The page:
Baptists and the American Civil War: November 18, 1864

slave_whippedNow fully on the march westward and southward from Atlanta, Union General William T. Sherman‘s army is spread out from the vicinity of Jackson to Oxford.

His exact intentions are unclear to citizens of Georgia, yet many cities and towns in the potential path of the army have little, if any, resources to prepare defenses.

Macon is an exception. The middle Georgia town has about 10,000 men at the ready should Sherman’s armies march against them, as many citizens anticipate. The nearest Federal forces are less than fifty miles distant and moving in the general direction of Macon.

Meanwhile, Macon’s Baptist leaders remain defiant, epitomized by the editor of the state’s Southern Baptist newspaper, the Christian Index, which is headquartered in the city.

Today’s edition of the Index contains the second of a two-part series examining the fallacies of conscripting slaves into the Confederate Army. The first part focused on the morality of slavery, straining to convince readers that the enslavement of blacks is moral and just, while putting slaves on the front lines of war would be unjust in that it would endanger their physical well-being.

Today’s argument focuses on the injustice of burdening slave owners with the loss of income while creating the inequitable situation of freeing adult male slaves while retaining females and children in captivity. In addition, arming adult male slaves for military service would create havoc within army ranks by creating what would be the “essential equality” of the races, as service in the military would earn blacks their freedom afterward. Would white Confederate soldiers “consent to equality with a race servile, inferior and degraded by all the opinions and associations of the past?” asks editor Samuel Boykin, his question revealing the underlying tension that will characterize white attitudes in a post-slavery, post-war period in which blacks will nonetheless be denied true freedom in the face of white prejudice.

Boykin concludes his exhaustive essay by driving to the heart of the problem:

To surrender a portion of our slaves would be to surrender the citadel. The act would dissolve the prestige of the intangibility of African slavery. It would place the South in an attitude of antagonism to its own opinions, and bring down on us the scorn of abolitionism the world over. It would abstract from our cause and from ourselves the moral power of consistency. It would give a pretext for foreign interference with the institution, and would be claimed the Federal States as admission of the rectitude of their course. More than this, it would be in violation of the obligations of the Southern Churches to the negroes. As Christians, we believe that the institution of slavery as it exists among us is of Divine appointment—that the slaves belong to an inferior race—that they are indolent, thriftless and incapable of self-government—and that, left to themselves, will make no advance in civilization, but, on the contrary, will relapse into paganism. We know it to be true, that with us they have become a semi-civilized people, and enjoy and appreciate the blessings of Christianity—and thousands of them are, in fact, Christians, and these great benefits are, under Providence, the fruits of slavery. Further, we believe that the institution is a trust committed to our hands, for the faithful administration of which we are accountable to God. The faithful administration of it is our obligation. Can we discard it by abolishing slavery in part or wholly, and remit the negro to his primary condition of paganism? We say we can not.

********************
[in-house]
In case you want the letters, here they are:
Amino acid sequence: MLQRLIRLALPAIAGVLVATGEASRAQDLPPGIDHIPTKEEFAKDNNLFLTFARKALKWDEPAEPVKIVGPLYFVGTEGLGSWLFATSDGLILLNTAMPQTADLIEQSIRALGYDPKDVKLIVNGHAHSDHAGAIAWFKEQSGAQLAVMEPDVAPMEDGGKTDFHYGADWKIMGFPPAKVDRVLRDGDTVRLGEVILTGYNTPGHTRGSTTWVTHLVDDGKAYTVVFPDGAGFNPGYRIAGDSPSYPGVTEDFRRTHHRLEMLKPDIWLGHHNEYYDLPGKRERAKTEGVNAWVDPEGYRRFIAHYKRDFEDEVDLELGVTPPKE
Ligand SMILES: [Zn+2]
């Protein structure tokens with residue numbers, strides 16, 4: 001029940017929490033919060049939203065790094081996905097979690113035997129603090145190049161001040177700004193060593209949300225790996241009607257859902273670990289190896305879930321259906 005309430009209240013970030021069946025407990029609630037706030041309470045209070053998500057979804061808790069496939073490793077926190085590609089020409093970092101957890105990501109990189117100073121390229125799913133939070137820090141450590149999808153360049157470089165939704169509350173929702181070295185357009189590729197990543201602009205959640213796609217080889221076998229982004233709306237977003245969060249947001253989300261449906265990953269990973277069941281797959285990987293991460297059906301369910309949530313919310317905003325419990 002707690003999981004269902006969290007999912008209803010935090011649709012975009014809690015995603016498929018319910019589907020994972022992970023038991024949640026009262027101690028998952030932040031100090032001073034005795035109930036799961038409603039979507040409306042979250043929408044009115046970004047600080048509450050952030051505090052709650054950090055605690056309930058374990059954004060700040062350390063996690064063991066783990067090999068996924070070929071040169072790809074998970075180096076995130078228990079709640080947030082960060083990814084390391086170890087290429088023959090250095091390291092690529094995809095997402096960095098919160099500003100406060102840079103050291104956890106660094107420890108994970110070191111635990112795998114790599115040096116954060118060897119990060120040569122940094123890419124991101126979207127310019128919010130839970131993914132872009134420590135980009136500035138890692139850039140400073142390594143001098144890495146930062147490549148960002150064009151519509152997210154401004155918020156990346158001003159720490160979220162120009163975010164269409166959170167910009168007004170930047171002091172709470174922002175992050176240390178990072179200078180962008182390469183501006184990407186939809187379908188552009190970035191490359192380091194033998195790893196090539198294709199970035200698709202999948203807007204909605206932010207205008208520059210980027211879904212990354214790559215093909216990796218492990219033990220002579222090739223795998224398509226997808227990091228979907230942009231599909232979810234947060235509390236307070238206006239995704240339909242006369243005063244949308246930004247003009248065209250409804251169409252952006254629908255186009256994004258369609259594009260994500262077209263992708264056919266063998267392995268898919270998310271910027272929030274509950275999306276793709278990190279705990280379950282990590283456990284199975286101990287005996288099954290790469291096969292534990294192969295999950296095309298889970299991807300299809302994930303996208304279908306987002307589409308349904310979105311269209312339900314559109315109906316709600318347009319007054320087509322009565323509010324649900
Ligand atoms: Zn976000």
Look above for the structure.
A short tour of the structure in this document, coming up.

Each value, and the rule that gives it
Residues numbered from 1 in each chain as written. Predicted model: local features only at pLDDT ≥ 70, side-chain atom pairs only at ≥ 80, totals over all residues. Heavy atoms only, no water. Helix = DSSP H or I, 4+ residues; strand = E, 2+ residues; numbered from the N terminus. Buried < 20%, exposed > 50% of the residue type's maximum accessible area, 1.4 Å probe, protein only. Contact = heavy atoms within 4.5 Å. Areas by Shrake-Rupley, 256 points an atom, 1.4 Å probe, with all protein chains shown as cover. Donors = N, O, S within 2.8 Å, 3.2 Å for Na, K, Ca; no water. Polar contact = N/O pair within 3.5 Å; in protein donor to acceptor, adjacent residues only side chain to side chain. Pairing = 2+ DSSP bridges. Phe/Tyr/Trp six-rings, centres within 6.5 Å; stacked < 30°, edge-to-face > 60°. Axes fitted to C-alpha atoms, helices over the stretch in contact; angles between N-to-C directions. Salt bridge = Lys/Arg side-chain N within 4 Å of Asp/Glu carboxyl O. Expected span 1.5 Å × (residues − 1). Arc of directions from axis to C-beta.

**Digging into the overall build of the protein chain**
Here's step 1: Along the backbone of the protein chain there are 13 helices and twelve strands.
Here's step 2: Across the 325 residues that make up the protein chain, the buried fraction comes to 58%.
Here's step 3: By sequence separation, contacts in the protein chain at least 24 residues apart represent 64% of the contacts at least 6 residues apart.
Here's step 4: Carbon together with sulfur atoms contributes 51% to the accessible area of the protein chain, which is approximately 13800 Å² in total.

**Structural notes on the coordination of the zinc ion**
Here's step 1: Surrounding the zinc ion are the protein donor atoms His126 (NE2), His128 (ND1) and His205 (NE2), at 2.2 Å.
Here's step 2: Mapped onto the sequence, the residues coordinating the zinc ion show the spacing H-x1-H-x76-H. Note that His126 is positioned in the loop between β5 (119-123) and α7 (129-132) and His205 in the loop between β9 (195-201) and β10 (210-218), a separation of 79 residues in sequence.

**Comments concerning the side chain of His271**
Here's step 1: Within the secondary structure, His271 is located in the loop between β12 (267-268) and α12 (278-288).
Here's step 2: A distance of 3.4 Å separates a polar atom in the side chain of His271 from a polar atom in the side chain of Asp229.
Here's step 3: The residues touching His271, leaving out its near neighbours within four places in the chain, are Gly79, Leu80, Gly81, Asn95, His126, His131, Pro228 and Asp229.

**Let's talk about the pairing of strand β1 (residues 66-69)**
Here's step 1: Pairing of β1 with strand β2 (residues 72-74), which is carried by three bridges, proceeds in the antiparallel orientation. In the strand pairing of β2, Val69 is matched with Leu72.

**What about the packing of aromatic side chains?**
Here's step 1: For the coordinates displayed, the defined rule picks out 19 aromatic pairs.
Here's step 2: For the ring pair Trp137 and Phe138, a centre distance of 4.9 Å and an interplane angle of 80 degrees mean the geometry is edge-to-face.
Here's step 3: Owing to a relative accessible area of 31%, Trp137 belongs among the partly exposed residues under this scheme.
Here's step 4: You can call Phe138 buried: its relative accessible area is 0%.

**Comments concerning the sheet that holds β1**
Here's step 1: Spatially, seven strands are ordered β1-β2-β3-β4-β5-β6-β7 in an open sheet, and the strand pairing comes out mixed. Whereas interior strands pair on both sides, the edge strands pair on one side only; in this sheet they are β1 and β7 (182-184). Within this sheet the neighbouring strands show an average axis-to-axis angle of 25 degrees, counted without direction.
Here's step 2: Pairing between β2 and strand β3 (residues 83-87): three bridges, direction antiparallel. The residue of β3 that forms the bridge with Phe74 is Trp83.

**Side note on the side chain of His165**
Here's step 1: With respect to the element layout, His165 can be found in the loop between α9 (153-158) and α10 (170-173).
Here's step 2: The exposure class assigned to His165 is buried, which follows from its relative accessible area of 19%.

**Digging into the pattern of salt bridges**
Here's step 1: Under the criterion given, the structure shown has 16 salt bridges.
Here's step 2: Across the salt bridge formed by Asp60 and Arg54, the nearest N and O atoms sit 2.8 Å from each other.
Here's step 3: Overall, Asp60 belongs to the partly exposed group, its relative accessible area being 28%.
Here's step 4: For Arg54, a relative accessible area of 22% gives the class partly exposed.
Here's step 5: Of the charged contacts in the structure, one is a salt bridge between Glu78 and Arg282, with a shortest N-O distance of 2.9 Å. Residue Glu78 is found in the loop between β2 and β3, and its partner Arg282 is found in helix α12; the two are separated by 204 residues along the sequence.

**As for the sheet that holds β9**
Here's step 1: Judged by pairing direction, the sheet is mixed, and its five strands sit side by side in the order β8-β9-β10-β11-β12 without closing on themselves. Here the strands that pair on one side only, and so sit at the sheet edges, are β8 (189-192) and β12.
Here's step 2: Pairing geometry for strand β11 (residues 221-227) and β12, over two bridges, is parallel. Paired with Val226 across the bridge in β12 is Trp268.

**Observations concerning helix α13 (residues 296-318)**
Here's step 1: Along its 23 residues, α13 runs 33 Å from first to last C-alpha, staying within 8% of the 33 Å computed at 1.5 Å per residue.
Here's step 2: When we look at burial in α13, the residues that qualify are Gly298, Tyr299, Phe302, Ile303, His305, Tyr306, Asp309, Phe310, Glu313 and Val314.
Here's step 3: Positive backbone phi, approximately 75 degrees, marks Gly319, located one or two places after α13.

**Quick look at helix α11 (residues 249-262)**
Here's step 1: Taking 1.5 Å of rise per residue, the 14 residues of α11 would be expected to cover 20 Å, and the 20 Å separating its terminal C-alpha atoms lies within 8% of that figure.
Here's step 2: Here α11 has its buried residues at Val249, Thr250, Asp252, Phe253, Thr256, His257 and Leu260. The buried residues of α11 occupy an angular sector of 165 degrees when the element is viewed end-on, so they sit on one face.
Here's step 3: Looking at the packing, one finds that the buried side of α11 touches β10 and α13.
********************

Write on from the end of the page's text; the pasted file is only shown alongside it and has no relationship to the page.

Macon is threatened because the Confederate Army, weakened by mass desertions, is unable to stop Sherman. Yet Boykin and other southern elites are only too well aware that a weak Confederate military is more desirable than providing a path to freedom for slaves, whether in part or in whole.

Black slavery or destruction: this is the road that white elites of the South have chosen.

Source: “Arming the Negroes for Southern Defence,” Christian Index, November 18, 1864